The Friends of Framingham, Inc. (FOF) was formed in 1948 in support of Miriam Van Waters and the progressive methods she had implemented as Superintendent of the Massachusetts Correctional Institution at Framingham, with emphasis on rehabilitation of women prisoners rather than on punishment. Van Waters had served with distinction and to the satisfaction of six Commissioners of Corrections from 1932 to 1948. Eliot McDowell became Commissioner in February 1948; Van Waters...
General secretary of the American Prison Association. From the description of Correspondence with Johan Thorsten Sellin, 1932-1952. (University of Pennsylvania Library). WorldCat record id: 235956444 ...
Paul Brooks (1909–1998) was a nature writer, book editor, and environmentalist. Born in New York City, Paul Brooks received in 1931 his bachelor's degree from Harvard University, where he was the editor of the Harvard Lampoon. Soon after graduation, he became an employee at the publishing company Houghton Mifflin in Boston and remained with the company for 40 years. He was editor-in-chief of Houghton Mifflin's General Book Department from 1943 until his retirement in 1969. He wrote Two Park S...
Jessie Donaldson Hodder (March 30, 1867 – November 19, 1931) was a women's prison reformer. Jessie Donaldson was born in Cincinnati, Ohio. Her mother died when she was a toddler and her father, upon remarrying, gave her to his Scottish-born mother to raise along with four other sons still at home. Her grandmother taught Jessie to be a housekeeper and seamstress; while the grandmother did not encourage her to go to school, she did allow her to have piano lessons. In 1885, Jessie moved with her...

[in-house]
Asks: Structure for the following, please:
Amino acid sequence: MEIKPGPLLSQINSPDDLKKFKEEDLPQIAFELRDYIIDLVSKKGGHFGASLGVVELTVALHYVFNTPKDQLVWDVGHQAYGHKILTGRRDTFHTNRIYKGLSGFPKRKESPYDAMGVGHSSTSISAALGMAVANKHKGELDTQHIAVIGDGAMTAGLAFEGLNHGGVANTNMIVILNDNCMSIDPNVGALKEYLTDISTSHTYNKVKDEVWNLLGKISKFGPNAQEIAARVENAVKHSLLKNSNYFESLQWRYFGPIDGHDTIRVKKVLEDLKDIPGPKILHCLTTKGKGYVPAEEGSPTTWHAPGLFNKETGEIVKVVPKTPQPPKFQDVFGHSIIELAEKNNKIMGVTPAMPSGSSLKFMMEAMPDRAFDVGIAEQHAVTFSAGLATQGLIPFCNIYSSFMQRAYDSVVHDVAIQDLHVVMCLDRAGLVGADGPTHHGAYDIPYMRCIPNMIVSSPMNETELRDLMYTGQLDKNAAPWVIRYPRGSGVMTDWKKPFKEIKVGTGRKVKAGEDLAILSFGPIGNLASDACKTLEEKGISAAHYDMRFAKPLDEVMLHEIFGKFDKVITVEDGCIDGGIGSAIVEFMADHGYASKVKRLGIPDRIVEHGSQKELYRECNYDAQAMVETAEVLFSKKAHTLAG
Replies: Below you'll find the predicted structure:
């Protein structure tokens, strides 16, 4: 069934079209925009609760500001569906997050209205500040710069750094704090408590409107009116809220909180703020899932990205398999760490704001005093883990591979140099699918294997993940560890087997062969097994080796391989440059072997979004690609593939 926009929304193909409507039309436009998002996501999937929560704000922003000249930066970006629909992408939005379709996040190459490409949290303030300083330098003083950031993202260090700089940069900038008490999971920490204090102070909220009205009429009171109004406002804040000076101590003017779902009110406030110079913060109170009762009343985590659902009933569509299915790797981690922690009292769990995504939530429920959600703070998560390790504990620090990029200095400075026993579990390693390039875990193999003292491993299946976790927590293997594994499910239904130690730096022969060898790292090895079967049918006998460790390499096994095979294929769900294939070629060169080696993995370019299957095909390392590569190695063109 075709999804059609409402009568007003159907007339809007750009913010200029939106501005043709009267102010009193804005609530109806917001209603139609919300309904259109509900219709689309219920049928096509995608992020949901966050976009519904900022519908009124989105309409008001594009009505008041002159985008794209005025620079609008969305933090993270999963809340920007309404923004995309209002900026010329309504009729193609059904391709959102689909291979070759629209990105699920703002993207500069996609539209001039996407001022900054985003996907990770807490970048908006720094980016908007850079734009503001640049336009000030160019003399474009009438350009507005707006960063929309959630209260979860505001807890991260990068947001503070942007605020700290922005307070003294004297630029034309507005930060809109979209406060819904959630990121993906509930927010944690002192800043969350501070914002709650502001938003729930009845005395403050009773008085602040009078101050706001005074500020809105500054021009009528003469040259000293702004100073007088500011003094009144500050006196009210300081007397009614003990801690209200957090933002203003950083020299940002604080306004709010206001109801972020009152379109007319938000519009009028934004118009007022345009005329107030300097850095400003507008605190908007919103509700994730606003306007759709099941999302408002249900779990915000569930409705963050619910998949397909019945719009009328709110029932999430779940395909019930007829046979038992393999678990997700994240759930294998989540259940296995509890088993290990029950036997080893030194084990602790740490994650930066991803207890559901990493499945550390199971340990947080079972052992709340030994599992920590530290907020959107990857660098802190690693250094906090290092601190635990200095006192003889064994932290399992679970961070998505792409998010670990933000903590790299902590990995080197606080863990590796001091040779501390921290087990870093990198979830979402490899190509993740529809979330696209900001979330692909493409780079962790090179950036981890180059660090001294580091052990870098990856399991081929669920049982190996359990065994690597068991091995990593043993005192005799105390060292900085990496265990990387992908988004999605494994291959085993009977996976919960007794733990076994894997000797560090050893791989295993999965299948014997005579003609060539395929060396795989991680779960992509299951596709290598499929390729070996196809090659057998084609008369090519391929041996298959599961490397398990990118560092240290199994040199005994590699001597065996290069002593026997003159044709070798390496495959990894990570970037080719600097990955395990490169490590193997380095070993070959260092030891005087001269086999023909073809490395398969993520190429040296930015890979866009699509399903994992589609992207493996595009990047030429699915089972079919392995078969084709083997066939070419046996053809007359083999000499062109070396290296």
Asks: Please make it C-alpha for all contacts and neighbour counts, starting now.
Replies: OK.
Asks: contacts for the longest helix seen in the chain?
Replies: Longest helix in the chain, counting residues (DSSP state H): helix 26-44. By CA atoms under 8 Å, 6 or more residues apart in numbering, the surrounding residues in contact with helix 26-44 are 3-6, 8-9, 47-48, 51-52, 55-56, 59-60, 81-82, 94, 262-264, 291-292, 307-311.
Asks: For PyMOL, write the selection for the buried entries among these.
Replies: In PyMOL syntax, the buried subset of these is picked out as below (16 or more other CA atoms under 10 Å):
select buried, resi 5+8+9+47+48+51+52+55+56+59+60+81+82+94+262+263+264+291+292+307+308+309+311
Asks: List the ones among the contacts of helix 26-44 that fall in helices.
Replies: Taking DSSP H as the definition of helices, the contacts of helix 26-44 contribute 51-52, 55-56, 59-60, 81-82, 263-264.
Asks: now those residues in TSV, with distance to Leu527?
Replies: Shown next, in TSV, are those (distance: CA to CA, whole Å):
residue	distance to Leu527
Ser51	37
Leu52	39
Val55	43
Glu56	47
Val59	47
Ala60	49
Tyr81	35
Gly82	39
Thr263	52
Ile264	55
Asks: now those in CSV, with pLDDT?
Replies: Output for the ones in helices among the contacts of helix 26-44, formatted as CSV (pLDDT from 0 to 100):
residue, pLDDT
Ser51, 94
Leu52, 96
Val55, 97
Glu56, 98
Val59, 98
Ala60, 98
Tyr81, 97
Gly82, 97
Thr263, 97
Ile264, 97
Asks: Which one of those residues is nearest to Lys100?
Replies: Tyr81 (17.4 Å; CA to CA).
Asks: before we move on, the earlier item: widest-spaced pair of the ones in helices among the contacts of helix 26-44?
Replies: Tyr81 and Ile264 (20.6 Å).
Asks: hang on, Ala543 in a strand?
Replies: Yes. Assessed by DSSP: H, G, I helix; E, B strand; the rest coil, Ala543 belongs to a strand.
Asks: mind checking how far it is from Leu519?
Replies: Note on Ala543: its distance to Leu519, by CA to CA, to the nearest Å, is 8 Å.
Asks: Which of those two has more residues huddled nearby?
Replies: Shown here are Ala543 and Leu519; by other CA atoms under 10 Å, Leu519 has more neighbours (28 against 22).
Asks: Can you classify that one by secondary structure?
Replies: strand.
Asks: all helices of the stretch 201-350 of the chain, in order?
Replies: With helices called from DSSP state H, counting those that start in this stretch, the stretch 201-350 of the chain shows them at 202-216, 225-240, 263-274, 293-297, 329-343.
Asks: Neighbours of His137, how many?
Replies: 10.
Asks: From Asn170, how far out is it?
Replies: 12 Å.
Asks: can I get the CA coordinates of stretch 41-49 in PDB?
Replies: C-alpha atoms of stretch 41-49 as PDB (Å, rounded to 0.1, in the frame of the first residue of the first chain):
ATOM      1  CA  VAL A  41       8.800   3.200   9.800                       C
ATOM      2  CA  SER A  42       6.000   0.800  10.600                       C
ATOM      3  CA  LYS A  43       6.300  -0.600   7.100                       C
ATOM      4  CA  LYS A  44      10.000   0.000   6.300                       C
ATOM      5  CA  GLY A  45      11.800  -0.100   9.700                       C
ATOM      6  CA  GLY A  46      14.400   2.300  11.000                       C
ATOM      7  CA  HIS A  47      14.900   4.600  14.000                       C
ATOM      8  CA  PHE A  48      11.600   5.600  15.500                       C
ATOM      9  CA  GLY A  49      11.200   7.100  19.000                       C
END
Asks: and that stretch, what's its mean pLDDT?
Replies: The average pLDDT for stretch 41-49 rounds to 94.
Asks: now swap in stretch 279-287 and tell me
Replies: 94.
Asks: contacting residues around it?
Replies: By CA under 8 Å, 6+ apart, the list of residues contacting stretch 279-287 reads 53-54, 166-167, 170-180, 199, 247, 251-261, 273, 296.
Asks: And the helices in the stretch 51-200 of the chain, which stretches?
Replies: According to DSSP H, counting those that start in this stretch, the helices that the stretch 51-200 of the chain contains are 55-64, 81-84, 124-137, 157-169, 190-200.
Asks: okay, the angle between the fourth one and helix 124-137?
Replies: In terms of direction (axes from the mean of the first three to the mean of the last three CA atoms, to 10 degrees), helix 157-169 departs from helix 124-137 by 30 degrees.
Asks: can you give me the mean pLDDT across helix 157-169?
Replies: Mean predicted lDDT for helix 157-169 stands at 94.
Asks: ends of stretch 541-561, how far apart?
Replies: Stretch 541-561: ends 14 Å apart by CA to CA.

Judge Frederick Pickering Cabot was the picture of perfect Boston Brahmin. Born in 1868, he was descended from one of New England’s wealthiest families. He would become president of the Harvard Union, President of the Boston Symphony, a regular at the Union Club, no doors were closed to him. But he was probably most remembered and most beloved by generations of poor Boston children for his tireless work advocating for them in his role as judge at the Juvenile Court in the early 1900s....
Dorothy Browning Kirchwey was born in Albany, New York, on September 3, 1888, to Dora Child Wendell and George Washington Kirchwey. She was one of four children: Mary Fredericka "Freda" (1893-1976), Karl (1885?-1943) and George Washington (1897?-1905). The elder George Washington Kirchwey (1855-1942) was a noted criminologist, law professor, and dean at Albany Law School and Columbia Law School, as well as a New York State commissioner on prison reform and warden at the Sing Sing state prison in...
Robert Fiske Bradford (December 15, 1902 – March 18, 1983) was an American lawyer and politician who served one term as the 57th Governor of Massachusetts, from 1947 to 1949. Robert Fiske Bradford was born in Boston, Massachusetts to Edward and Edith (Fiske) Bradford. His father was from an old traditional New England Yankee Brahmin family, a successful physician, and dean of Harvard Medical School, and his mother was the founder of the private Fiske School in Boston. Through an entirely pate...
Amelia Muir Baldwin, interior decorator and needle tapestry designer, was born in Boston on December 25, 1876, the daughter of Loammi Austin and Louise Vernon (Maynard) Baldwin. She was graduated from Melrose High School in 1894 and enrolled as a special student at Radcliffe, 1905-1907. While studying, she supported herself as a bookkeeper and secretary. She became a saleswoman at A.H. Davenport (1913-1915), where she learned the interior decorating trade, and took courses in decor...
Anna Spicer Gladding was born in Providence, R.I., in 1906 or 1907, the daughter of Royal and Anna (Spicer) Gladding. She was a graduate of Vassar College and studied early childhood education at the Merrill School in Detroit. She applied her education first as a teacher in the Smith College Nursery School, and then in the nursery at the Reformatory for Women in Framingham, Mass., where she was hired the same year (1932) that Miriam Van Waters became superintendent. In 1957 she bec...